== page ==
What does church mean to me?

This originally appeared in The Inquirer, Issue 8024

I was brought up going to church. I was taken every Sunday,
week by week, sometimes once, sometimes twice a day.
I never liked it. For some reason it was just the Sunday
services. I don’t know why I was never sent to Sunday School,
maybe the bus times didn’t work out.

I couldn’t sing. I felt like an alien at my mother’s side as
she chatted and gossiped happily to her friends. After the
service they shook hands humbly with the vicar; then, out
of his earshot, said he was nowhere near as good as the last
incumbent. Before long I knew every word of the service
by heart as it cycled through year by year. And I never
doubted what I heard. I was a true blue Anglican who was
not interested in heaven but often looked over my shoulder
towards a beckoning hell.

I endured church services throughout boarding school days
and compulsory army church parades. When I was no longer
required to go, I stopped going. To any who invited me, I said
you couldn’t be a Christian and a soldier. The teachings were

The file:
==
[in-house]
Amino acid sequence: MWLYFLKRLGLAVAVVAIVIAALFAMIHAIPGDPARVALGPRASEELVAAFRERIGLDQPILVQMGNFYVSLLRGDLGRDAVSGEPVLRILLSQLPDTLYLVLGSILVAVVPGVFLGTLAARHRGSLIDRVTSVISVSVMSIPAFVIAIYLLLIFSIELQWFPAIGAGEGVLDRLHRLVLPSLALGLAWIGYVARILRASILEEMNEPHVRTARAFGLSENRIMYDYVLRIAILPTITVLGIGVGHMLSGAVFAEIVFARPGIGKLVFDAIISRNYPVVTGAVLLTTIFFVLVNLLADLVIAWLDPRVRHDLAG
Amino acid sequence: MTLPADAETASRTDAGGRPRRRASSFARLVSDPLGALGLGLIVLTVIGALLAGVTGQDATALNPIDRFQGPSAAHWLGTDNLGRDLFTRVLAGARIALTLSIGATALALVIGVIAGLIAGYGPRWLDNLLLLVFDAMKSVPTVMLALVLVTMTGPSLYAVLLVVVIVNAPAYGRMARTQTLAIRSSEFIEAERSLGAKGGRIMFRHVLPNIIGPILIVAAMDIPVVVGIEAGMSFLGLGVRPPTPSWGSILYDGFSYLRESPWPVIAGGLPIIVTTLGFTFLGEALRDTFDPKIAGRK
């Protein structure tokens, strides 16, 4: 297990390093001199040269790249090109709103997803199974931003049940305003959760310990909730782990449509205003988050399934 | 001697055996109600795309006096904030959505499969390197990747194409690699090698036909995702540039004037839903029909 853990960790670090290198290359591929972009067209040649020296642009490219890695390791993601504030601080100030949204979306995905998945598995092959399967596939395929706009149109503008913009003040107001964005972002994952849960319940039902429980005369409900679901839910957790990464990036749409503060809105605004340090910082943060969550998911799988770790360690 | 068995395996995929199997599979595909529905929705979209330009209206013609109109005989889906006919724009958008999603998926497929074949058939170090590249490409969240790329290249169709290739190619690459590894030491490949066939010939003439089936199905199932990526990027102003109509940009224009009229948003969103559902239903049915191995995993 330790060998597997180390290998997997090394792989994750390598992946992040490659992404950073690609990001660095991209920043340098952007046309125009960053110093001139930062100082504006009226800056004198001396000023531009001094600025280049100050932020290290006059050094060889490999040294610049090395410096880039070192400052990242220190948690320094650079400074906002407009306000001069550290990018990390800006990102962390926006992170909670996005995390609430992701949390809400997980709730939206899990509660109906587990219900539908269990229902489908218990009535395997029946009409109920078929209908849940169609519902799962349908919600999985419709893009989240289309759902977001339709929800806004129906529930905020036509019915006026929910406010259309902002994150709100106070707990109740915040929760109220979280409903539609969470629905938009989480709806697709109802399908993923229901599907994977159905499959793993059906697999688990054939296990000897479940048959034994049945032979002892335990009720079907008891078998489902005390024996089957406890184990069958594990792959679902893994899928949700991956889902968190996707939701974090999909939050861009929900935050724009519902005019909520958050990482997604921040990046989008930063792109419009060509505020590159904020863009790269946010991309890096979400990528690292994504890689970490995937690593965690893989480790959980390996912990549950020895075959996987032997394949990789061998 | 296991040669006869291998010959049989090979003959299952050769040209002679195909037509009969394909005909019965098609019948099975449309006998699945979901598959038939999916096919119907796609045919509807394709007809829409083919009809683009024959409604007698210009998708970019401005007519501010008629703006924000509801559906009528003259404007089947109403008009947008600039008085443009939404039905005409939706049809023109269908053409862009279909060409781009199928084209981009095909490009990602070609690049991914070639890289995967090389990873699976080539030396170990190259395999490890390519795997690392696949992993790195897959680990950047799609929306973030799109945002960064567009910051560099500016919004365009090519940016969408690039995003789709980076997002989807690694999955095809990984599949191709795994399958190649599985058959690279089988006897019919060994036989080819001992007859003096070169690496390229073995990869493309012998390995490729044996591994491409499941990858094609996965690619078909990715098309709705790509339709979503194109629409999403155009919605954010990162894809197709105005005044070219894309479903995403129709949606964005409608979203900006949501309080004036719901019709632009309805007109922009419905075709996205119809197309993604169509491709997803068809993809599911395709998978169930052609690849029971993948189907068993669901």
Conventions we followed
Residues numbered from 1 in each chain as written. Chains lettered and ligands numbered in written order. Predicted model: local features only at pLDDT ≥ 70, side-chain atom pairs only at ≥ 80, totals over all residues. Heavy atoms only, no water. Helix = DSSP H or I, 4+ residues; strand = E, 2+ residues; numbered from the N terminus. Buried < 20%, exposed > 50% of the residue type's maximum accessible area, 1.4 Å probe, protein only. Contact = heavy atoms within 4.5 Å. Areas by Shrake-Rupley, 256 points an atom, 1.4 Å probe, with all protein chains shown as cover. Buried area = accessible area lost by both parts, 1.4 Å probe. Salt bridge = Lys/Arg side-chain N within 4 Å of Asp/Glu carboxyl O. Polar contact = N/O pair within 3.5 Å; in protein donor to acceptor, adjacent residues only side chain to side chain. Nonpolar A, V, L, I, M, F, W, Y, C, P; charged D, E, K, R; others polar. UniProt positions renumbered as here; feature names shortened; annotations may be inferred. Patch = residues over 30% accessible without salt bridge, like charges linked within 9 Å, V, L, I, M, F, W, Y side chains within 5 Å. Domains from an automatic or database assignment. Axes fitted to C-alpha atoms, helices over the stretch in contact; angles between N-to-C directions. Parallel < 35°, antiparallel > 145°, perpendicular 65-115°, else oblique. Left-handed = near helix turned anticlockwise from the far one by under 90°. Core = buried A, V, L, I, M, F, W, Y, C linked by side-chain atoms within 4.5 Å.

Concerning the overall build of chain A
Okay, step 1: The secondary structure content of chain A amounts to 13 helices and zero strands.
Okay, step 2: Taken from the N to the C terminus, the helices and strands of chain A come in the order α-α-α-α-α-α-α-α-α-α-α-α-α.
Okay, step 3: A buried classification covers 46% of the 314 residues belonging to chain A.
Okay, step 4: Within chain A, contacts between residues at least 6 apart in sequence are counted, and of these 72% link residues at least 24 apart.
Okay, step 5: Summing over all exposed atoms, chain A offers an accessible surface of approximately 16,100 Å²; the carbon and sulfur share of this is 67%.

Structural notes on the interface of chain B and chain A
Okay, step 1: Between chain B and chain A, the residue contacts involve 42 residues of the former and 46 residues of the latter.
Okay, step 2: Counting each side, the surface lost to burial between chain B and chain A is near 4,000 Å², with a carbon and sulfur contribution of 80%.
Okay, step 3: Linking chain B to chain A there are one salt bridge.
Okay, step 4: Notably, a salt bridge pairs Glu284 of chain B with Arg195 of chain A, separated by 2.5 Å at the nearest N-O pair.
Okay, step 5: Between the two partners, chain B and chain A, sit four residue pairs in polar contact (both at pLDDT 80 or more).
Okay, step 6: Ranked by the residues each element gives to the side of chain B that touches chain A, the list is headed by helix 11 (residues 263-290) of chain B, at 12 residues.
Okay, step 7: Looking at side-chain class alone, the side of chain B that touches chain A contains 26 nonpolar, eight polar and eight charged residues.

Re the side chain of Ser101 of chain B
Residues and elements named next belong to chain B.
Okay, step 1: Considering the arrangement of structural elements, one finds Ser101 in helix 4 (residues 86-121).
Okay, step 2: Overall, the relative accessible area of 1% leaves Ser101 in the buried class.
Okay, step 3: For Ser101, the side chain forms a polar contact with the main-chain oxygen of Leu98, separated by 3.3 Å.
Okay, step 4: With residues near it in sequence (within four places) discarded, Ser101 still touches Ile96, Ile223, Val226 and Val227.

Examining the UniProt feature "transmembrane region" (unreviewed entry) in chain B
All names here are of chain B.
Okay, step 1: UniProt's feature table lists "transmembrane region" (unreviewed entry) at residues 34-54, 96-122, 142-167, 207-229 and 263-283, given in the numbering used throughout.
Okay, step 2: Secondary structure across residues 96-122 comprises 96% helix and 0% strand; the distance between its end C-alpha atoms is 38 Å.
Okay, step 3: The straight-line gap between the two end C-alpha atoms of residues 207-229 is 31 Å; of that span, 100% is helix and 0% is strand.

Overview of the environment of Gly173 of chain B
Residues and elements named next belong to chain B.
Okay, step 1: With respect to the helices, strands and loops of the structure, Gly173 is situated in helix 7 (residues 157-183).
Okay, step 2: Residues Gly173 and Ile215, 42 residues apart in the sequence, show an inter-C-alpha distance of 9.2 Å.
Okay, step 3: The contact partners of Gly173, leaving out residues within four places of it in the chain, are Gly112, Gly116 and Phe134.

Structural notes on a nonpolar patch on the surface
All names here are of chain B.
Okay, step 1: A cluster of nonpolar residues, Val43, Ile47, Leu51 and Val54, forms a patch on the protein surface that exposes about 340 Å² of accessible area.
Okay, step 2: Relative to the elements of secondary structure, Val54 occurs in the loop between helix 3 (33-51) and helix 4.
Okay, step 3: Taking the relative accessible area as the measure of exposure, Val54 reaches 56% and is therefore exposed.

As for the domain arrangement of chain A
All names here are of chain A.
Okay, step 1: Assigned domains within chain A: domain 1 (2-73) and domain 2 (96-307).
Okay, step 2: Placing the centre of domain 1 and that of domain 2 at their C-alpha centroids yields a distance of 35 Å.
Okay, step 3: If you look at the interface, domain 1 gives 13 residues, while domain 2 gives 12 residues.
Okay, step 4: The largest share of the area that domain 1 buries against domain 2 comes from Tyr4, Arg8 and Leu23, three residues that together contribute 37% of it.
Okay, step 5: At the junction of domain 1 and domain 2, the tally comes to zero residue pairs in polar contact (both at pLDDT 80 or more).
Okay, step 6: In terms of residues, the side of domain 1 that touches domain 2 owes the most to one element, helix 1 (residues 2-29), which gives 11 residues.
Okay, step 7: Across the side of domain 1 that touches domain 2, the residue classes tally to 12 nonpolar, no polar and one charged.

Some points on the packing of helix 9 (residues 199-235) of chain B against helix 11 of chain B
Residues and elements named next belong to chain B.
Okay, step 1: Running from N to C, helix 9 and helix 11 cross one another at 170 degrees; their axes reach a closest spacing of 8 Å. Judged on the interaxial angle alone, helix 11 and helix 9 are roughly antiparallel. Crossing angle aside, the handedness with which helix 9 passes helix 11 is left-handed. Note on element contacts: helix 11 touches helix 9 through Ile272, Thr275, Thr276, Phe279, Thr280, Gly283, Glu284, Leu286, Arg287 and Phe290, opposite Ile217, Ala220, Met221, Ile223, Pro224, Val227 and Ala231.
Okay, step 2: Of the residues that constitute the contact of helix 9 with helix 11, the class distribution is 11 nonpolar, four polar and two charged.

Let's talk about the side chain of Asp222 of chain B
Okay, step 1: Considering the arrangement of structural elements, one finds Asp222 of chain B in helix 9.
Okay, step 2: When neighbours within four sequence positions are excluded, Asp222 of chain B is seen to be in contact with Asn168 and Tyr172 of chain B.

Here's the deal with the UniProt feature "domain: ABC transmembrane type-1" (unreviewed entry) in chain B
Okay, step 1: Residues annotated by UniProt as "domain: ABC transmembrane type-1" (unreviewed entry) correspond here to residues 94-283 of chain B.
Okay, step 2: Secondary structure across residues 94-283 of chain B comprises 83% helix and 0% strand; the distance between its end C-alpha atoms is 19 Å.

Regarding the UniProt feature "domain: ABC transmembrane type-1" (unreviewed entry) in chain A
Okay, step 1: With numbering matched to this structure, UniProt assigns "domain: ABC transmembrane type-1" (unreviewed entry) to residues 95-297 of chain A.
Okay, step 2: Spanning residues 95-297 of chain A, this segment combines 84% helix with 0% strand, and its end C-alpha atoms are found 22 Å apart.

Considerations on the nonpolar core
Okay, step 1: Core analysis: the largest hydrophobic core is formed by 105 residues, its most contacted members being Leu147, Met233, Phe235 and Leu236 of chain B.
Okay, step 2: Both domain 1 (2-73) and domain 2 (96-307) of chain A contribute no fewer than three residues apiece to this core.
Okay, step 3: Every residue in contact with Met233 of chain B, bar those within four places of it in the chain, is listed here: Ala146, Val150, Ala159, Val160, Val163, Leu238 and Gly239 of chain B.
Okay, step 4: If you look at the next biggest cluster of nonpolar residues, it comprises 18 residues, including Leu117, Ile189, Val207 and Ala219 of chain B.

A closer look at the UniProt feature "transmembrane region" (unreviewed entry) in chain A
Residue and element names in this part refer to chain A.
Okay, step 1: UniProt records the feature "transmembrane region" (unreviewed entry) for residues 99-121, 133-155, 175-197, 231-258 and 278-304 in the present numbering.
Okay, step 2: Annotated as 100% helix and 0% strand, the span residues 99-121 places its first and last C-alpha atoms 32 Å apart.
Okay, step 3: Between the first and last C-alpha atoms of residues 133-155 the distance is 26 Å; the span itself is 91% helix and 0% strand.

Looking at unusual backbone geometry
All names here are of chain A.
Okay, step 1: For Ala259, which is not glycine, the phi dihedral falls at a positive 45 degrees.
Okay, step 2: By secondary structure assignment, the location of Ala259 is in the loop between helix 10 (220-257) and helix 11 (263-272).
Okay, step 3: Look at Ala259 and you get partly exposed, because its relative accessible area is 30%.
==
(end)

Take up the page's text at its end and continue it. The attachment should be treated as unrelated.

incompatible. There must have been something clinging to
me though. I was asked to represent the college in Ealing at
the annual carol service in the Parish church. I tried a couple
of churches but they seemed just like my childhood one.
It was the experience of my first Unitarian chapel that
changed things. I wasn’t swamped or fussed. The services
were more interesting. The language was free of ‘thee’ and
‘thou’, the Bible was not the only book, and there was a sense
that faith should be a challenge and not a script to follow.
I joined in the social life and came to know more than just
the backs of people from my pew in the corner. They were a
real mixture. There were the earthy and the well read. There
seemed to be quite a few eccentrics. I used to wonder what it
was that made them this community. It could have been that
to be a Unitarian you had to accept you were one who stood
apart from the mainstream churches. There was a different
tradition and history and it was based on discovery more than
obedience. You were welcomed to the spiritual wilderness
knowing there was something within it you had been
searching for, and was more than you had known before.
There were markers everywhere and no one would prevent
you examining them and testing them. The glue that holds
them all together is that word, ‘Unitarian’, and it seems quite
apt that it is a word that people find difficult to define.

When I go to church now I enjoy the company, but I am also a free
spirit. I am free to look above and beyond myself to seek the
wisdom that is spiritual. But unless I try to live by its code it
will never shine from me and the world cannot change.

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